SpiceJet: In the eye of a perfect storm

SpiceJet: In the eye of a perfect storm
  • The airline has reported eight malfunction incidents in the last 18 days, which led to a notice from the regulator.
  • From several technical malfunctions to bird hits to engine and untrained pilots, the airline has been pulled up for risking thousands of lives.
  • Following these risky events, even investor confidence in the low-cost carrier airline has dropped.
Gurgaon-based SpiceJet is in the eye of a storm as a slew of air-safety incidents have drawn the ire of the Indian aviation regulator and undermined passenger and investor confidence in the airline.

The regulator Directorate General of Civil Aviation (DGCA) on Wednesday issued a show cause notice to the budget carrier, after the airline reported eight malfunction incidents in the last 18 days. DGCA said that the airline had failed to establish safe, efficient and reliable air services.

High flight cancellations and rising consumer complaints against the carrier have only added to the airline’s woes.

After SpiceJet was slapped with the DGCA notice, civil aviation minister Jyotiraditya Scindia tweeted, "Passenger safety is paramount. Even the smallest error hindering safety will be thoroughly investigated and course-corrected.”

Thanks to these incidents, the company shares have been battered 28% percent since the beginning of May.


In the past month, SpiceJet’s aircrafts have had cases of technical malfunctions and bird hits to the engine, among others, risking thousands of lives.

“The aircraft either turned back to its originating station or continued landing to the destination with degraded safety margins,” said the DGCA in a notice after a spate of air-safety incidents.

In the latest incident, the airline’s freighter aircraft headed to Chongqing in China had to return to Kolkata on Tuesday as the pilots realised that its weather radar was not working.

Another risky incident took place this month when a Delhi-Dubai flight was forced into an emergency landing in Karachi, Pakistan, after pilots noticed unusual fuel reduction in one of the tanks.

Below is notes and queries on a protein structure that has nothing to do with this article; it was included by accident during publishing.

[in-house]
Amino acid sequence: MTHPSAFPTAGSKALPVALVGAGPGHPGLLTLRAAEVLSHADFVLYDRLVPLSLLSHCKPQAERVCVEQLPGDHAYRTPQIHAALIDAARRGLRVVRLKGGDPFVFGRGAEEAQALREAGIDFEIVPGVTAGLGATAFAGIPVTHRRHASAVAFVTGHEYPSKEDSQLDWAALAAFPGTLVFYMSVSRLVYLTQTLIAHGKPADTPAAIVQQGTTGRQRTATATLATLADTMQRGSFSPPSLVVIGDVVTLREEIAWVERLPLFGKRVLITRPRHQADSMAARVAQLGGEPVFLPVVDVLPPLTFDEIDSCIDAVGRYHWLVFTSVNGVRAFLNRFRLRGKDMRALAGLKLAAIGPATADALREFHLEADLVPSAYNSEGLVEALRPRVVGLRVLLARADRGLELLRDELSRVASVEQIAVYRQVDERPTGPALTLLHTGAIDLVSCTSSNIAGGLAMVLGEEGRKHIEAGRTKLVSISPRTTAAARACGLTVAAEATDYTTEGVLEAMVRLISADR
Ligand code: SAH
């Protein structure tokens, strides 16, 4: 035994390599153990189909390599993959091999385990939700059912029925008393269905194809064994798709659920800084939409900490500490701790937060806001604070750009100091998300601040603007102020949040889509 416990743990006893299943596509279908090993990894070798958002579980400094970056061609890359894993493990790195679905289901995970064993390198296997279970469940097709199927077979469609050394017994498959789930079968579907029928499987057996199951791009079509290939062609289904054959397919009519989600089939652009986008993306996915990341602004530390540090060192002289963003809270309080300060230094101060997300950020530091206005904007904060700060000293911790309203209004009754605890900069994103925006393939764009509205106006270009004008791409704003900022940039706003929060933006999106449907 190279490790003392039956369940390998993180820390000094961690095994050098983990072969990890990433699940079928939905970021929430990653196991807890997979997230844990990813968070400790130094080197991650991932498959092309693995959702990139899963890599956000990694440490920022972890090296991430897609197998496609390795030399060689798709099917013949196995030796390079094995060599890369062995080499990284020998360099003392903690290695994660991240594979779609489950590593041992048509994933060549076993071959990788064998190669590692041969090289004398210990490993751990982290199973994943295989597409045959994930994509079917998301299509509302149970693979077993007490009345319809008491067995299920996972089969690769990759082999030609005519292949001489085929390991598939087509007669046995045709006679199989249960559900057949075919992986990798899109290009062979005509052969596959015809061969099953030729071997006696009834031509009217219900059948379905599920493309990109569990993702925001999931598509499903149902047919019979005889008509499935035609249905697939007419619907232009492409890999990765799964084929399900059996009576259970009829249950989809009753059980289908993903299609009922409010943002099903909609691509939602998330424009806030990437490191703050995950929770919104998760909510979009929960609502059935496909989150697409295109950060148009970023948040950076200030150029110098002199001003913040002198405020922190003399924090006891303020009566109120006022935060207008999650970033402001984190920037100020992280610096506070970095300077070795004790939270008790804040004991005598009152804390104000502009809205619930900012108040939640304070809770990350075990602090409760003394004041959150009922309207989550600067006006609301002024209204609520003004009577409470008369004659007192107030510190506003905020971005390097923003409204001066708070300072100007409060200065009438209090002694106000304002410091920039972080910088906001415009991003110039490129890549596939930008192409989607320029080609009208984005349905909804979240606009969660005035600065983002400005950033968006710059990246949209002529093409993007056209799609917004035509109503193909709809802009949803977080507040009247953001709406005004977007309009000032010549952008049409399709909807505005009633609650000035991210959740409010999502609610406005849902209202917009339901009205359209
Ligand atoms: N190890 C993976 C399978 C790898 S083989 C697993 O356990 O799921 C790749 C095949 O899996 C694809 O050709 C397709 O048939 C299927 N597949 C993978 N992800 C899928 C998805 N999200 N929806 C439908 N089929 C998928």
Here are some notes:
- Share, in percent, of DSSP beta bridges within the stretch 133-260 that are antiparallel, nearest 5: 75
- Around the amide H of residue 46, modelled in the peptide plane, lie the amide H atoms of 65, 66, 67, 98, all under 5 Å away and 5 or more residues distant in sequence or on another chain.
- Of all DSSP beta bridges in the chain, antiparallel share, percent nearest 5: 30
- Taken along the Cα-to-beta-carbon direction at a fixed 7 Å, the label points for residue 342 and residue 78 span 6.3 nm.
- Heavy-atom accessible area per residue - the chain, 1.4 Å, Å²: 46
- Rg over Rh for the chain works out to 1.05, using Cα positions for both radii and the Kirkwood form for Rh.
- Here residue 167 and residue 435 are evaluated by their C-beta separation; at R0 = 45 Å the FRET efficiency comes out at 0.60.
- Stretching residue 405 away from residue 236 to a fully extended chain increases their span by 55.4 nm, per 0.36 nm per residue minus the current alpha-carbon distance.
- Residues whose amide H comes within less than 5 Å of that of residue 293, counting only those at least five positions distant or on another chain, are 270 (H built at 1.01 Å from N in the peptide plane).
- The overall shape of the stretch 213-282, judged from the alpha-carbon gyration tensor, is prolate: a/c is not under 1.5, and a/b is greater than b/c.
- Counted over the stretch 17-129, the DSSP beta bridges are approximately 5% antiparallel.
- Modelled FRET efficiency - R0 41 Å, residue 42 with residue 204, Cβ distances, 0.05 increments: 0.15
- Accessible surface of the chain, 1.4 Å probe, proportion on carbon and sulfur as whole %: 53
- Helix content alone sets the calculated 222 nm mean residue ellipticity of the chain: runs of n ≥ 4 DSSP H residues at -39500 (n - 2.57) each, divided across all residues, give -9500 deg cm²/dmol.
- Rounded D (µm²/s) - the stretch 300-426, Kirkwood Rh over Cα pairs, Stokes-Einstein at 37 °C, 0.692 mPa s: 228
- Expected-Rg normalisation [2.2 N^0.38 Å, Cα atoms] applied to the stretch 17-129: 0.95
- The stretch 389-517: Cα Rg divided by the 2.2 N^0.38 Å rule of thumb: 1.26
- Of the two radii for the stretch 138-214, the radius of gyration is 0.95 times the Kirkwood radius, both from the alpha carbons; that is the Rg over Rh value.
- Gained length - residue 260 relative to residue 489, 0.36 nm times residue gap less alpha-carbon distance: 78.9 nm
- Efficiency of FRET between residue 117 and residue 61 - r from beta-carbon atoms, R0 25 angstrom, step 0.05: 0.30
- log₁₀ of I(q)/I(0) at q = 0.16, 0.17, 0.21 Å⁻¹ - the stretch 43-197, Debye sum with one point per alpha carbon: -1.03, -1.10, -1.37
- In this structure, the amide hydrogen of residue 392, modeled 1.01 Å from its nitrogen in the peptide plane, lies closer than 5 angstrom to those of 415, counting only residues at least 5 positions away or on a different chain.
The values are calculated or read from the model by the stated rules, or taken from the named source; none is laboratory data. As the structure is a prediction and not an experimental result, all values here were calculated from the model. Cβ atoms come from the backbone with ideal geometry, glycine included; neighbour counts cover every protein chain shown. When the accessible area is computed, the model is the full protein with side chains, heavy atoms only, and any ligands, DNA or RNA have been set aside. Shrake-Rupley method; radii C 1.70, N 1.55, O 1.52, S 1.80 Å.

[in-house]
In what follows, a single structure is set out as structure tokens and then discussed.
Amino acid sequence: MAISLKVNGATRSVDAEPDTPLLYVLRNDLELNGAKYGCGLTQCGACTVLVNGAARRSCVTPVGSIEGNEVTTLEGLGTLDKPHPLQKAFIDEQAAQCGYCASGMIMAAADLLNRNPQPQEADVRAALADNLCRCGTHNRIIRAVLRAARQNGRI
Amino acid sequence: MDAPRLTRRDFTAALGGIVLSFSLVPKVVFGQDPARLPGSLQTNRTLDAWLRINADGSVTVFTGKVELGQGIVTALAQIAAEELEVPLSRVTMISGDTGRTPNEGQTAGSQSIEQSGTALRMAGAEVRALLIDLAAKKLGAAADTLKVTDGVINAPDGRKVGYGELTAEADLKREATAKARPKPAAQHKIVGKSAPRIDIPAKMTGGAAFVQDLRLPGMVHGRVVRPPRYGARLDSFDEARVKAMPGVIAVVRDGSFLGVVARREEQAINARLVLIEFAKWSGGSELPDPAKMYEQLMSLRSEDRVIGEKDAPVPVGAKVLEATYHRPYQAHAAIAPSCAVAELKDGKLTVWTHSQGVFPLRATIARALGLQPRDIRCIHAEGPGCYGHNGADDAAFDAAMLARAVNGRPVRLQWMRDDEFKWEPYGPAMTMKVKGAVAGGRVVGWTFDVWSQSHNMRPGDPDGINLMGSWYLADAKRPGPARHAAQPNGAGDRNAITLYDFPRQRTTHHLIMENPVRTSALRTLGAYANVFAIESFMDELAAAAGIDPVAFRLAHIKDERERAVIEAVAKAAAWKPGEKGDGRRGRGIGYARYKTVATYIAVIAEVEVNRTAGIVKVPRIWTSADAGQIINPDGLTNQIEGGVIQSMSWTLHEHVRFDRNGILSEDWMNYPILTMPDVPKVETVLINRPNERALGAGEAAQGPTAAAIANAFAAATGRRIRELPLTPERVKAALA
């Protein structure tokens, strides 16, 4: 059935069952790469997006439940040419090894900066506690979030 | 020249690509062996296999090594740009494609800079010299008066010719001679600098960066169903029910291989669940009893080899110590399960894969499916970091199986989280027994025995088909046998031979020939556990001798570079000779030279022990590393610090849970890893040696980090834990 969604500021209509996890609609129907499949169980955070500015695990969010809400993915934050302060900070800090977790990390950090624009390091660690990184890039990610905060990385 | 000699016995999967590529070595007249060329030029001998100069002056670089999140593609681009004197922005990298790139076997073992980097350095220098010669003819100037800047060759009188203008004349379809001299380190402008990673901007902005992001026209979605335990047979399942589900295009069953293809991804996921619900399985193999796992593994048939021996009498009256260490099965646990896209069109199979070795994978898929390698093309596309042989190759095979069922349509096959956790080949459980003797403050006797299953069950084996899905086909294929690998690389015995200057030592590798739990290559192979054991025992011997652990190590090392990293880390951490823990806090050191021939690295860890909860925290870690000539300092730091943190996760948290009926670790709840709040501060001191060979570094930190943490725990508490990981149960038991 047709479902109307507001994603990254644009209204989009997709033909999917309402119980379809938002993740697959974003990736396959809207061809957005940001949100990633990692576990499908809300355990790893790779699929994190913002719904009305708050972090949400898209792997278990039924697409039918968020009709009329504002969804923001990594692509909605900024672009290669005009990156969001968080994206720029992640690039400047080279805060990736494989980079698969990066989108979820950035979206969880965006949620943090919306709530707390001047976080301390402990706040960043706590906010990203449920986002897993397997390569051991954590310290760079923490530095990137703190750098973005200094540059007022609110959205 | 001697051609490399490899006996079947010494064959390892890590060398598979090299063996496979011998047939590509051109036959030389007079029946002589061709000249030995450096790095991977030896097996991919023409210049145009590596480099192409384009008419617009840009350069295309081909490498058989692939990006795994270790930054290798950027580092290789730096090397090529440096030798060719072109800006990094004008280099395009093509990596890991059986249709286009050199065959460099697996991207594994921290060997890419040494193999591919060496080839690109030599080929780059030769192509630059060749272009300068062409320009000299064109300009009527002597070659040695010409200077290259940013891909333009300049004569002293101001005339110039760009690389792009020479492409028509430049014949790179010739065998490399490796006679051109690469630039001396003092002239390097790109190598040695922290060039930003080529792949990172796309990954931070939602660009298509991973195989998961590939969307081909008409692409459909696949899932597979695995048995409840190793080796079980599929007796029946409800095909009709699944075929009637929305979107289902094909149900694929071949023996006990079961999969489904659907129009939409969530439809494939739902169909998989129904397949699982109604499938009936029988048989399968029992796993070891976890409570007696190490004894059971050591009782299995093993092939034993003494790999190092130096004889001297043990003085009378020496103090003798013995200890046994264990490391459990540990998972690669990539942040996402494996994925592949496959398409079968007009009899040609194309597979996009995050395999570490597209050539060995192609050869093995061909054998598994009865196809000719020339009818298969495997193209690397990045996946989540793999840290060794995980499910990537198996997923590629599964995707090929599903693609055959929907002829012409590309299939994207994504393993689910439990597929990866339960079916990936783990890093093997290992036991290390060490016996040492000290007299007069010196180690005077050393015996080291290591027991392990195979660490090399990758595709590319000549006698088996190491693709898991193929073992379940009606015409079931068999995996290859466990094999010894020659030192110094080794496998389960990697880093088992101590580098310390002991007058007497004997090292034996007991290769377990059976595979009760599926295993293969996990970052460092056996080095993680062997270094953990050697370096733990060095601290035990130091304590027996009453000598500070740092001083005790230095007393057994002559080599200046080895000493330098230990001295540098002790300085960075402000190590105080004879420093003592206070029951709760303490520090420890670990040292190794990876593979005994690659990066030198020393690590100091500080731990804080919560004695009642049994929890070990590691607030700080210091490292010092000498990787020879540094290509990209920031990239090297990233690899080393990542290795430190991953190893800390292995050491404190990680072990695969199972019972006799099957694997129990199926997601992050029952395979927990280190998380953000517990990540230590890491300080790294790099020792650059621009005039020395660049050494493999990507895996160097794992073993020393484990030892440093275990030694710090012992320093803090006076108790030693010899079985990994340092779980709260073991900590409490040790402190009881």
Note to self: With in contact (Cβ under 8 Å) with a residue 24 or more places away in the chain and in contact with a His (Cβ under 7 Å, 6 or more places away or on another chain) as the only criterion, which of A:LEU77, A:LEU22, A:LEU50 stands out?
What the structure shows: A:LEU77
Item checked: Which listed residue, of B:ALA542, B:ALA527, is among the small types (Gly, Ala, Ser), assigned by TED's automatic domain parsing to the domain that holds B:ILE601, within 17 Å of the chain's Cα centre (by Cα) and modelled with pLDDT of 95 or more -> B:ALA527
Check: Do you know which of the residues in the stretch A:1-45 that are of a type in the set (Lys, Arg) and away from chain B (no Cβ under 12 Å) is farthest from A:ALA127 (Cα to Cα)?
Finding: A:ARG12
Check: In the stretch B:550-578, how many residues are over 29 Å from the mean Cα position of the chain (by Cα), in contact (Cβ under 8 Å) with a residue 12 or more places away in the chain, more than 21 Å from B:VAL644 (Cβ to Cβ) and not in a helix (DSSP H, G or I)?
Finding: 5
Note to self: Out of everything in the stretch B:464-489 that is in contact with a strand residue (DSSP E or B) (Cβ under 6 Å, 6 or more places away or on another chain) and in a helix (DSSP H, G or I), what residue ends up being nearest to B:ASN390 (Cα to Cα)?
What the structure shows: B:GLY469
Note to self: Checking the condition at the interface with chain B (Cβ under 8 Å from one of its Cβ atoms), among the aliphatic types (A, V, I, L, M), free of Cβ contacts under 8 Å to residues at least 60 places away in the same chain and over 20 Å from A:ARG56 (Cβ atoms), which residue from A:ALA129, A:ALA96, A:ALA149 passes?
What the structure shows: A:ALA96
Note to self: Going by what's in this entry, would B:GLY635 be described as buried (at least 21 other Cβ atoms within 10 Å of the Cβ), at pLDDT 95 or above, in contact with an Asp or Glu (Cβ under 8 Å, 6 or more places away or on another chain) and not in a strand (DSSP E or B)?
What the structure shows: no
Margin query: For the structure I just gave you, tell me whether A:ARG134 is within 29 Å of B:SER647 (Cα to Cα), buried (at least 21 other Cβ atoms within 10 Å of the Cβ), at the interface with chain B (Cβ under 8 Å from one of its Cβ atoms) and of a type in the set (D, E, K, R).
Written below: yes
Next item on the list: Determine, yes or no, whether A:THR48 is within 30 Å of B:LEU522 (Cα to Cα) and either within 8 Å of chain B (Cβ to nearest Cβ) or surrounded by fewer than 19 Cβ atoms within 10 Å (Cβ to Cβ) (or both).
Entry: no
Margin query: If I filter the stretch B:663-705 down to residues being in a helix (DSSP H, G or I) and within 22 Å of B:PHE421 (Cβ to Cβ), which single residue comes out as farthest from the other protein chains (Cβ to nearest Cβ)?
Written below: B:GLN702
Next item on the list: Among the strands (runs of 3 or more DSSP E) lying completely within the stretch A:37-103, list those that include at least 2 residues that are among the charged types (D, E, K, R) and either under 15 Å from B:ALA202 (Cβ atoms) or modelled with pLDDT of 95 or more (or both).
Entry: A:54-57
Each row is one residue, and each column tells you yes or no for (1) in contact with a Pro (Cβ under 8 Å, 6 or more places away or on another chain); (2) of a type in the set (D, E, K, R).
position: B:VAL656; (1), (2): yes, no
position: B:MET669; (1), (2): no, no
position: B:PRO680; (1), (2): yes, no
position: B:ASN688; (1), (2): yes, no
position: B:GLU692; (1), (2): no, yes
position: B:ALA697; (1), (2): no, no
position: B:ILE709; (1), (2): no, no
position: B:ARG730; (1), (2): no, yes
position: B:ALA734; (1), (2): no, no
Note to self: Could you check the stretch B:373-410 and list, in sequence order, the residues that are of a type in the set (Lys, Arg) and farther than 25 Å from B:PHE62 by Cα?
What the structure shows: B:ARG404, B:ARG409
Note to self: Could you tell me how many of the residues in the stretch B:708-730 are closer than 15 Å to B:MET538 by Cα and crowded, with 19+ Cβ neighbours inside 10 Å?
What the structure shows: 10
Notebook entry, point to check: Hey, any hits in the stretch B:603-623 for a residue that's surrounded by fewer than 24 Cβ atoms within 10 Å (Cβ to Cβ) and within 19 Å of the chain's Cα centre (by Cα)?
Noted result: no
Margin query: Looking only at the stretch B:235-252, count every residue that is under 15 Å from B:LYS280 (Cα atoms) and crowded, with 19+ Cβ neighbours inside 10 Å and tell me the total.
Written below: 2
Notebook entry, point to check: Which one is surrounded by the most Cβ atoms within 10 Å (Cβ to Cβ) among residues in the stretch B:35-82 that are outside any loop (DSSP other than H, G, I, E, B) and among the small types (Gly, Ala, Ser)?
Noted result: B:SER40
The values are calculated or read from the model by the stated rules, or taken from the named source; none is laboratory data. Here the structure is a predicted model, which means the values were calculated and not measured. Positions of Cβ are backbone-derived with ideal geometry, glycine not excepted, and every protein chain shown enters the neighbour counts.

Apart from this, SpiceJet has also cancelled the maximum number of flights in the month of May, as per a DGCA report. This has been one of the top factors behind customer complaints and dissatisfaction.

According to the DGCA report, around 550 passenger complaints were registered against domestic airlines, out of which 0.8 per 10,000 passengers were against Spicejet in the month of May this year.

About 44% of Indians have also expressed their concerns and say they might avoid travelling in SpiceJet flights after these air incidents in the future, says a LocalCircles survey.

Cup of woes
All these incidents have taken a toll on the investors' confidence, as they beat down the SpiceJet shares by 18 % in the last one month.
SpiceJet share % share price change
6-month -39%
2022 so far-43%
Last one year-52%
SpiceJet’s woes do not end here as it also has to contend with the entry of new, well-capitalised players into the aviation market – Akasa, Jet Airways and the upgraded avatar of Air India, after its acquisition by the Tata group. The rising jet fuel prices and the battle for human resources in the industry is also a rising concern.

“Despite travel and tourism picking up, the stock is under pressure due to reasons like – high fuel prices from last fortnight and increase of aviation turbine fuel (ATF) prices. The air-safety incidents that have been taking place have kept the airline’s stocks and operations under pressure,” Kranthi Bathini, director of equity strategy at WealthMills Securities told Business Insider India.

“Moreover, the new bird Akasa will give a tough competition to the low-cost carrier,” Bathini added.

The airline’s losses have more than tripled since 2019. It is yet to report its FY22 results because of ransomware attacks on its IT systems.
FY2021₹6,072 crore₹1,029 crore
FY2020₹13,134 crore₹936 crore
FY2019₹9,179 crore₹302 crore
Source: Company’s financial reports

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